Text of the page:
How can I activate and provide background knowledge for myself? What questions do I have before reading?

  1. What is the book about? What is the basic story?
  2. Why is it so “award-winning“?
  3. Have I attempted challenging reads before? Have I overcome any?
  4. What predictions are bubbling to the surface before I start reading?
  5. Re: Predictions: Being that this is not a Middle Grades book or a Young Adult book, what challenging narrative devices can I predict that author will employ?
  6. What are professional reviewers saying about this book?

I think I will start with #6…

Building Background Knowledge with Oobleck? Part 3

From my last post about Bartholomew and the Oobleck by Dr. Seuss, I left off with a qFrom amazon.cauestion:  if I am reading this book to my daughters (or any other book), I wondered about how much I point out certain ideas or concepts so as to deliberately build their background knowledge.

While on Twitter, I discovered Mem Fox’s Ten Read-Aloud Commandments for parents. Although the ‘commandments’ are geared towards parents of young children, elements of the list are applicable to reading aloud to teenage students, I should imagine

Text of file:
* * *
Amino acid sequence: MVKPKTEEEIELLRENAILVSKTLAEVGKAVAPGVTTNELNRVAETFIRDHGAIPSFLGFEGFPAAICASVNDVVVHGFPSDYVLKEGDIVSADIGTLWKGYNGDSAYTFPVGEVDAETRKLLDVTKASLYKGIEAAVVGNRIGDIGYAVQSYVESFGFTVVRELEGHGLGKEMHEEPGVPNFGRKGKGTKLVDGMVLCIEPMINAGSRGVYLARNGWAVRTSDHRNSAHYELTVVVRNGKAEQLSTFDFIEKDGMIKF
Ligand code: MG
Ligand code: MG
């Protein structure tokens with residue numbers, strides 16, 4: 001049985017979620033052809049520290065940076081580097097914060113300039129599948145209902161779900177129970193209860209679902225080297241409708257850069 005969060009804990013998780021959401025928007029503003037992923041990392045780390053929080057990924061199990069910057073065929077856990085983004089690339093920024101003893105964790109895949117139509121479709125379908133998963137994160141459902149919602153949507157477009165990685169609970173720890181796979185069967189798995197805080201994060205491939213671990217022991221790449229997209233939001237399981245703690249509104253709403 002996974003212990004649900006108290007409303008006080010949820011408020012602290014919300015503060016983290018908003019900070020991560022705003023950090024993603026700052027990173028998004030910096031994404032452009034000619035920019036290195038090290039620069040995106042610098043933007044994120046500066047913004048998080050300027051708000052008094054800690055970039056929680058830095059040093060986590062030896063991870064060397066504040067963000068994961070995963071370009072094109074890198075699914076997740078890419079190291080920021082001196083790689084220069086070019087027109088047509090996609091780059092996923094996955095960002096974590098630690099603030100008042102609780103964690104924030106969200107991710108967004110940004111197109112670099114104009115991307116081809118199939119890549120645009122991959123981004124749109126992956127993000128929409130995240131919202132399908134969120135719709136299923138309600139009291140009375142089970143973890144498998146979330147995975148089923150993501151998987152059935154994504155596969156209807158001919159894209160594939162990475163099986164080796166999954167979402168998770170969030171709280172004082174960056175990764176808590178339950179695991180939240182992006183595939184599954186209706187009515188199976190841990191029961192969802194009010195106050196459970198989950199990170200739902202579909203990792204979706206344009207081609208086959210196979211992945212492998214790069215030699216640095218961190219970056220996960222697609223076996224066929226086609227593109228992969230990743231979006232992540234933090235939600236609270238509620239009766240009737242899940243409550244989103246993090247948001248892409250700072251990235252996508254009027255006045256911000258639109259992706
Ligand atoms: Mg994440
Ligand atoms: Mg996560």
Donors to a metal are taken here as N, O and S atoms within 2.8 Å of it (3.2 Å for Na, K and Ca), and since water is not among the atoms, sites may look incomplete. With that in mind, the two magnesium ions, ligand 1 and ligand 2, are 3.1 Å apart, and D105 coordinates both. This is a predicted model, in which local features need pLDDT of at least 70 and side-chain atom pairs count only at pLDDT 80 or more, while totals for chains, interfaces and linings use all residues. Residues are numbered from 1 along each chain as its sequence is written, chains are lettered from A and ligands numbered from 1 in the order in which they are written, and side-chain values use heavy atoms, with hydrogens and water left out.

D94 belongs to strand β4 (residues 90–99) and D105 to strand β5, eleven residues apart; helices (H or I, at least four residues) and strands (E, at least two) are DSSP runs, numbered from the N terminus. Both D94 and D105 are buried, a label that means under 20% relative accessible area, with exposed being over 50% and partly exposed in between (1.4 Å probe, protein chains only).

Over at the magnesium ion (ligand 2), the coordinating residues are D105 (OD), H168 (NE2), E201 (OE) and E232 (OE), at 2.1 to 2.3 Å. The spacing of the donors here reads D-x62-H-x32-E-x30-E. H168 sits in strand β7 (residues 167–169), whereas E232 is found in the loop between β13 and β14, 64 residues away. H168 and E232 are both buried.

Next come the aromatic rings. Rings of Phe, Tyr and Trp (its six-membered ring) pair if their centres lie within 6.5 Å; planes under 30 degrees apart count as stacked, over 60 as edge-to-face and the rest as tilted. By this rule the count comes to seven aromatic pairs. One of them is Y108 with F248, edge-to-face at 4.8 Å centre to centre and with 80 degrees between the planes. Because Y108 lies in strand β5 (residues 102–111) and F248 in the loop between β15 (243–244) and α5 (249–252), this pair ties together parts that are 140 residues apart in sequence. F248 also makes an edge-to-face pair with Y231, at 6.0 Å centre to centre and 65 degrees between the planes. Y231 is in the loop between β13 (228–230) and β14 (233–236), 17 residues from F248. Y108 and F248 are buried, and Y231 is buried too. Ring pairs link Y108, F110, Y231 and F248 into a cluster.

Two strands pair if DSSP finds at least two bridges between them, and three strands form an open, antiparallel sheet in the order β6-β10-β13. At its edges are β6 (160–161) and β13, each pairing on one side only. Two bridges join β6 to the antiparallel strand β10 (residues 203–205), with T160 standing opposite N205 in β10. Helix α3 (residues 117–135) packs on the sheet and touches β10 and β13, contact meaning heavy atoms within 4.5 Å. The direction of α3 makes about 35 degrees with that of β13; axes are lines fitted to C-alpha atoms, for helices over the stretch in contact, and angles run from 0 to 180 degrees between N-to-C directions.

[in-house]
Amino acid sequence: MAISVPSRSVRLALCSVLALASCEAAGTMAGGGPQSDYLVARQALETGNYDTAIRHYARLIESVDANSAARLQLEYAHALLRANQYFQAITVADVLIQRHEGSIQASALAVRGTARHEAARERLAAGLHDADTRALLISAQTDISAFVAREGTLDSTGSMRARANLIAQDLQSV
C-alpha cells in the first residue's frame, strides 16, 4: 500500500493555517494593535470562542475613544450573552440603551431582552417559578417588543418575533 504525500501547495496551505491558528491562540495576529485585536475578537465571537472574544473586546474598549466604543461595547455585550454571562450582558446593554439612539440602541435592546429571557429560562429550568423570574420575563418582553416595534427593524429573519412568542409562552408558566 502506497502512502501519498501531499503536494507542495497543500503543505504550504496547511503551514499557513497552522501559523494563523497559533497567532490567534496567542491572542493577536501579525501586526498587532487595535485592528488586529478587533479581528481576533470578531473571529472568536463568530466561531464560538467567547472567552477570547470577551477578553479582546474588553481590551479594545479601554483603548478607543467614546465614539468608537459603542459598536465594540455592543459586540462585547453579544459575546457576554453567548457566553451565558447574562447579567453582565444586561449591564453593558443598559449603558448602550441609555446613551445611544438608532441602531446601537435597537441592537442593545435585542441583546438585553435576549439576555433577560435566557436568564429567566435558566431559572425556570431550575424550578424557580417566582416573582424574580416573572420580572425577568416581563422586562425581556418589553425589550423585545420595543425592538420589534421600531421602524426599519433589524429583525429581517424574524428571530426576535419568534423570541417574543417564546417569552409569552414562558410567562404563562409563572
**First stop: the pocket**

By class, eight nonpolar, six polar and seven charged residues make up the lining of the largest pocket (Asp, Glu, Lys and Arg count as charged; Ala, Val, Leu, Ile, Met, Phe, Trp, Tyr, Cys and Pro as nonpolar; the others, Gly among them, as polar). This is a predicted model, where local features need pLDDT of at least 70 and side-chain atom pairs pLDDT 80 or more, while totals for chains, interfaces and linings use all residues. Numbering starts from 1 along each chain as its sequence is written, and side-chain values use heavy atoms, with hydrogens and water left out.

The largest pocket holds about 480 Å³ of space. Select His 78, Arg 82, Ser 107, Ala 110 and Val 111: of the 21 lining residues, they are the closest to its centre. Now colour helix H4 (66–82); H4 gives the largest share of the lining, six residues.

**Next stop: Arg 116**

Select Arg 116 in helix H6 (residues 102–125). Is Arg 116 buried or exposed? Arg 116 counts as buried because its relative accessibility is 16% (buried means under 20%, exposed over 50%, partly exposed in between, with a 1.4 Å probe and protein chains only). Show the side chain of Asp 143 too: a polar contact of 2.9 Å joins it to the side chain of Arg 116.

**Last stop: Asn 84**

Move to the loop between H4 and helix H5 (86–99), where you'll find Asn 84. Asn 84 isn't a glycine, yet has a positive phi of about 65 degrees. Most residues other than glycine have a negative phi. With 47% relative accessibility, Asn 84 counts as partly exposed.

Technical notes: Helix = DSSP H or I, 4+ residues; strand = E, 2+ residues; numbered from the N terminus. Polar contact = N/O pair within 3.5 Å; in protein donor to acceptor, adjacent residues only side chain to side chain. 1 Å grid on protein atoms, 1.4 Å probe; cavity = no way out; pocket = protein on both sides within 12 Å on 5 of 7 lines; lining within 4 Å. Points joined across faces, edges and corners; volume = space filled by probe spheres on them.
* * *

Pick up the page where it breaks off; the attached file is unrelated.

For reading to my girls at home, Fox’s Commandment #9 states:

“Never ever teach reading, or get tense around books.”

From this commandment, I think I take that it is my job to simply to expos664px-In_the_evening_they_were_read_aloud_to_Cornelia_(The_Works_of_J._W._von_Goethe,_Volume_5)e them to a lot of ideas and words and characters and stories with animation and enthusiasm and positivity, and if they ask for clarification about something organically, then I can explain or elucidate.

But if they don’t ask, I infer that Fox is saying don’t make the reading aloud about learning; instead make it about enjoying reading for the sake of enjoying reading.

So, then, if my girls just listen to stories for the sake of listening to stories, how is their background knowledge being built indirectly?

In a different article (Building and activating students’ background knowledge: It’s what they already know that counts), Fisher and Frey go on to suggest how wide reading indirectly builds background knowledge: